The Bonny Bunch of Roses
Harry Stottle Records HS 002; 56 minutes; 2003
When a demonstration copy of The Bonny Bunch of Roses arrived some two months ago I could not wait to review the completed version of this truly sumptuous album.
I’d first heard Seán sing one night in The Cobblestone in Dublin where, for most of the evening, he had been content to provide guitar accompaniment in a session. It was an enthralling experience, beckoned in by Neillidh Mulligan’s sudden interruption of our conversation with the words, “Sssh, Seán’s going to sing”. Talk of uilleann pipes could attend while this slight, bearded figure held us rapt for five minutes or so. It had been a quiet night in The Cobblestone and the clientele grew appreciatively more silent while Seán sang. I cannot recall what he sang that night, but that was of little import compared to the sense of discovery imbuing its way into my cranial cortex.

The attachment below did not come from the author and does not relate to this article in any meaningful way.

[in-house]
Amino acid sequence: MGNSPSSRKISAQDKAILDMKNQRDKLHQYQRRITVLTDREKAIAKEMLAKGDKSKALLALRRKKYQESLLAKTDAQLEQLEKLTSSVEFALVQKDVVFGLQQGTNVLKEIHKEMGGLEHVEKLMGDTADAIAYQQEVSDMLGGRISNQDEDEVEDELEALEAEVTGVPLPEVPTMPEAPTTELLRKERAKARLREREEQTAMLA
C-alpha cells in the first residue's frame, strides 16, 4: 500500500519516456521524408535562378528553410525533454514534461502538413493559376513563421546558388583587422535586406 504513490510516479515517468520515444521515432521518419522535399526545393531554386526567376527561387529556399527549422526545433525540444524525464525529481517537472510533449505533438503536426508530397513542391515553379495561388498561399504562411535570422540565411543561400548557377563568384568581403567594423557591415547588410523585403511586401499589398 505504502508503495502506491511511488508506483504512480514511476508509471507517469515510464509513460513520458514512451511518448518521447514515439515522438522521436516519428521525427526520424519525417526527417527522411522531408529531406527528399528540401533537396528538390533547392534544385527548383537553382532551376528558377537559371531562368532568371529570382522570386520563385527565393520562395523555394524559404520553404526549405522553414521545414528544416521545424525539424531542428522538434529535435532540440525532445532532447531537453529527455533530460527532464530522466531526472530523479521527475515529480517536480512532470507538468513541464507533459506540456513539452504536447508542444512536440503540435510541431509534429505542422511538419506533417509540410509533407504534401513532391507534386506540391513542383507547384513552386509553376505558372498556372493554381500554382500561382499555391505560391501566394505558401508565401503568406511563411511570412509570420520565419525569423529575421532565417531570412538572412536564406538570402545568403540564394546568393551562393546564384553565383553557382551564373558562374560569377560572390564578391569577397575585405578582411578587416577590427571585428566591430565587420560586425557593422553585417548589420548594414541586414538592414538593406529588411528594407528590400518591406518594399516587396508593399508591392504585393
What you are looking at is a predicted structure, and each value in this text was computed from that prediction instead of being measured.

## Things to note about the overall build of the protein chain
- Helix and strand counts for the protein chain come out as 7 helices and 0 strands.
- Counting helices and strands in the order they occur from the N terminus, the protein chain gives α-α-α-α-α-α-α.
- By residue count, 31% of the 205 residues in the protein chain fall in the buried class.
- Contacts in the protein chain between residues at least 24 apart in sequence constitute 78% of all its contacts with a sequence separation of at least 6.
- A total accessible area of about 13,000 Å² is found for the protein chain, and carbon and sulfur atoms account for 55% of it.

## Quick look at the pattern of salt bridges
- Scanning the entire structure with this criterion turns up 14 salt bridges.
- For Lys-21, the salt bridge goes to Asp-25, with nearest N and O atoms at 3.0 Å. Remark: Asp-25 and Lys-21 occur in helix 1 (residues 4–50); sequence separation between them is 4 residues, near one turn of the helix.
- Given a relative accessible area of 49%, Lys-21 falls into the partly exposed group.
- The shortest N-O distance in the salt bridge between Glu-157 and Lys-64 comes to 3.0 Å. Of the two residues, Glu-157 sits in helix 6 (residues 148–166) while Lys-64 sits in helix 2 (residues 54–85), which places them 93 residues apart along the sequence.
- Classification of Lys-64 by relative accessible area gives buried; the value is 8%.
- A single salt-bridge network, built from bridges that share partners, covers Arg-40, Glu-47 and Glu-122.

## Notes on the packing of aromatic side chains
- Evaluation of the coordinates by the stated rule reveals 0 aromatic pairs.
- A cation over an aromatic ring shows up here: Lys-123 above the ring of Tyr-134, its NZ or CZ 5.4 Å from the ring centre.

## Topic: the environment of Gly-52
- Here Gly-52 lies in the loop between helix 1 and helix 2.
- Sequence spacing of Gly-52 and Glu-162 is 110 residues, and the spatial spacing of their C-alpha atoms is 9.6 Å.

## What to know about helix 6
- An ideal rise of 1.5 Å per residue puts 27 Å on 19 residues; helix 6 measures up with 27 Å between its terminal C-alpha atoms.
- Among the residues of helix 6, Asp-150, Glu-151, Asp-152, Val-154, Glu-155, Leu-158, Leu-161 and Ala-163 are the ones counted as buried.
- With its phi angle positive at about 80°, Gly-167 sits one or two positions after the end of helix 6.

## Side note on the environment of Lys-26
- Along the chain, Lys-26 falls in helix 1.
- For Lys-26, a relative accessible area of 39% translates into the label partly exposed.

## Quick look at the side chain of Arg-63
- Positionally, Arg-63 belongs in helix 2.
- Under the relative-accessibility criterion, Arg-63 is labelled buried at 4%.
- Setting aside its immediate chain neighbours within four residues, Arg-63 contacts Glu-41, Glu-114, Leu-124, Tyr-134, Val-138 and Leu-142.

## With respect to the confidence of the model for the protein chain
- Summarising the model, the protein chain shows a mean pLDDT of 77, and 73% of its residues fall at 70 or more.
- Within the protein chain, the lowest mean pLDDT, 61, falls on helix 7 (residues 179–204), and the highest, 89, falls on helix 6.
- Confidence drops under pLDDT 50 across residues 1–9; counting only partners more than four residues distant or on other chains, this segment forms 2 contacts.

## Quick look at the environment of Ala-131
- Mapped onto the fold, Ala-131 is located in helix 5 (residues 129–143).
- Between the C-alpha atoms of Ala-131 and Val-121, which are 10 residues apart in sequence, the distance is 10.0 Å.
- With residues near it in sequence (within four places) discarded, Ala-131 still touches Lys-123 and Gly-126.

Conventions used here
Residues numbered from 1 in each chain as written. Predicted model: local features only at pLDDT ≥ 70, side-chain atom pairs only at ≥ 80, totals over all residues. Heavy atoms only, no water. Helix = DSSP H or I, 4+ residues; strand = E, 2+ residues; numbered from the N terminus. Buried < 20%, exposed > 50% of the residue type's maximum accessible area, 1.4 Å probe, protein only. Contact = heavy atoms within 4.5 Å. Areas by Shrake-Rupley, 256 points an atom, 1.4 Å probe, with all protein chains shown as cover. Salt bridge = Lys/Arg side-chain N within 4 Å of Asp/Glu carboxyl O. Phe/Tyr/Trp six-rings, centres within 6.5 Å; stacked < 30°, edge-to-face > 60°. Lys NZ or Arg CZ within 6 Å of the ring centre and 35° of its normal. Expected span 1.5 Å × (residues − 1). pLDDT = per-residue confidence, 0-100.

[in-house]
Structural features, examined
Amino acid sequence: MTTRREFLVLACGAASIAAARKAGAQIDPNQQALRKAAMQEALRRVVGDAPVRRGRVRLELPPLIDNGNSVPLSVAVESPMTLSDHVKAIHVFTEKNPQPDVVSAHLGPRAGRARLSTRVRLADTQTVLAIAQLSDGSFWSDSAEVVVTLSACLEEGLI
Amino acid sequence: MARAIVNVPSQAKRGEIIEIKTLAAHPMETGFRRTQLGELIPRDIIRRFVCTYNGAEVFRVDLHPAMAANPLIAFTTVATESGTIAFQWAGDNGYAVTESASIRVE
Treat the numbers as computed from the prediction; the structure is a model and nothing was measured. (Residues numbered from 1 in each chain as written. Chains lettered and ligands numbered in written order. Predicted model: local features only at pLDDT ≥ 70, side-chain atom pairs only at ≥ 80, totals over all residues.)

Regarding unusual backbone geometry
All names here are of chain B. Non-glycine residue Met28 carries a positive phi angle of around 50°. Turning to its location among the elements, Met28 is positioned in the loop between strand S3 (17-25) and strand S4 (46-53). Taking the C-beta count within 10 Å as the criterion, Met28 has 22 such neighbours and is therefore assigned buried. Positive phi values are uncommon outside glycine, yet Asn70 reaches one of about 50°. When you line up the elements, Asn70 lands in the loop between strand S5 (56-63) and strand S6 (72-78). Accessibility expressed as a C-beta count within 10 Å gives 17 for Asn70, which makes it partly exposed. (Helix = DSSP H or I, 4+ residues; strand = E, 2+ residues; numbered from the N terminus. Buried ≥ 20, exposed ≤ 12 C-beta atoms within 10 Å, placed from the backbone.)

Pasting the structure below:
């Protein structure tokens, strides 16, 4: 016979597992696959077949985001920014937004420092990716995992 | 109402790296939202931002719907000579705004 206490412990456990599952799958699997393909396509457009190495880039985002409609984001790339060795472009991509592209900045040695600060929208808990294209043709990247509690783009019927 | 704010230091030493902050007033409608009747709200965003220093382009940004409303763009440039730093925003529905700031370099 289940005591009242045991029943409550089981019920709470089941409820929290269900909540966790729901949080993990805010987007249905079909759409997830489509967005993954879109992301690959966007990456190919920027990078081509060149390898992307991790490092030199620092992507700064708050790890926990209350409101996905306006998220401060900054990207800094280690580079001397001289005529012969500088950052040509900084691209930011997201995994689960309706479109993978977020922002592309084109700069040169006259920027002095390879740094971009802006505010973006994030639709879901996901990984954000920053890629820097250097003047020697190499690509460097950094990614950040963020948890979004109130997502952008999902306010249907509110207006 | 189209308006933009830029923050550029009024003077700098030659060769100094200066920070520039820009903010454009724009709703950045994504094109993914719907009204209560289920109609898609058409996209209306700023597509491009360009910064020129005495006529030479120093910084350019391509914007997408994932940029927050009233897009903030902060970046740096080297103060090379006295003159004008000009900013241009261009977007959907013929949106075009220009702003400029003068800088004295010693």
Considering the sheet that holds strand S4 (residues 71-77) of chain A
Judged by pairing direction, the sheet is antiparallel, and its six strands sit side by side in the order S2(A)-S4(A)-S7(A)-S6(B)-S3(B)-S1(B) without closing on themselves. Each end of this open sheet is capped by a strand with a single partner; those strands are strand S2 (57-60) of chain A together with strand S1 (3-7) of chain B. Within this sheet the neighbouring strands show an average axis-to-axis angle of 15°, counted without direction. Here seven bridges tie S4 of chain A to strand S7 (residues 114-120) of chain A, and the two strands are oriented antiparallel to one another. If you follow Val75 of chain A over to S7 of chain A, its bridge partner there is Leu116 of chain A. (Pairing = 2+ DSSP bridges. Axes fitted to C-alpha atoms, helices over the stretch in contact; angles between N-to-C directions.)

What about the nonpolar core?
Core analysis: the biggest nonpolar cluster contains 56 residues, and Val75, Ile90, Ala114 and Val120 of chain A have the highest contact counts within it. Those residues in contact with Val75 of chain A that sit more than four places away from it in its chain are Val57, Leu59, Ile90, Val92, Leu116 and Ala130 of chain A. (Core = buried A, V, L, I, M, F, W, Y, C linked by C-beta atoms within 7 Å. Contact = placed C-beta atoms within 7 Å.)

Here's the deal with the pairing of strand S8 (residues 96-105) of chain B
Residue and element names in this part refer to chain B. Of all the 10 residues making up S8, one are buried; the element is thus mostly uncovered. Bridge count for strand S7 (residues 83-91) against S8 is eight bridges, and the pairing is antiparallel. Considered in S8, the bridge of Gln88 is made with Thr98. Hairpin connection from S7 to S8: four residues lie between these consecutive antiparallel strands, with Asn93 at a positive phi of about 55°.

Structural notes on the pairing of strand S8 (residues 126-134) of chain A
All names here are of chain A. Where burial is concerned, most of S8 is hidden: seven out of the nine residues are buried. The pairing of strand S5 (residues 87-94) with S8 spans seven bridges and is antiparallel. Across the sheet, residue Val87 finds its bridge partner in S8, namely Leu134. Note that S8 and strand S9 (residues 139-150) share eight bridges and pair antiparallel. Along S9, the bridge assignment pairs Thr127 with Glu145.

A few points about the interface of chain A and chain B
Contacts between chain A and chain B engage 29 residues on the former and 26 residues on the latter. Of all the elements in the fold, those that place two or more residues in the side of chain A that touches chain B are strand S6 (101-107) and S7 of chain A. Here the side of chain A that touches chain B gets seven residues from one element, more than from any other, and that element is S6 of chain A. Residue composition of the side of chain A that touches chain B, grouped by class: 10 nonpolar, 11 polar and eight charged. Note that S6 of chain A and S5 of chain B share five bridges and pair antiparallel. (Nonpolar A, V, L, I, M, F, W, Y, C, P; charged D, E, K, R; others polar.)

Seeking out any previous recordings by this man became imperative. Sadly, despite the length of his career (Seán has been active musically since the early 1970s), I found only one previous full-length album, Ón dTalamh Amach (‘Out of the Ground’) which he had released on his own Harry Stottle label in 1998 and an appearance on an album from the same year, Sessions from the Hearth. For those not familiar with the latter, it consists of a live concert recorded at Siamsa Tire (The National Folk Theatre of Ireland) in Tralee and features musicians such as the fiddler Malachy Bourke, Éamonn de Barraon flute and Enda Scahill on banjo. Seán sang a splendid solo version of a song called here You Can’t Boil Potatoes, a rousing ditty recounting how women attempting to enrol for a cookery class run by Kerry County Council in Cahirciveen were refused entry if they signed their names in Irish. The event took place in 1906 and the song was composed by an Irish language campaigner, Briain Ó hUiginn. Whether his efforts were written after the furore had settled down and the women finally admitted to the course is unclear, but what is certain is that the song resurfaced on Ón dTalamh Amach, where Seán ascribes it a new title, Haute Cuisine in Cathair Saidhbhín (the Irish name for Cahirciveen or Cahirsiveen, as it is sometimes spelt).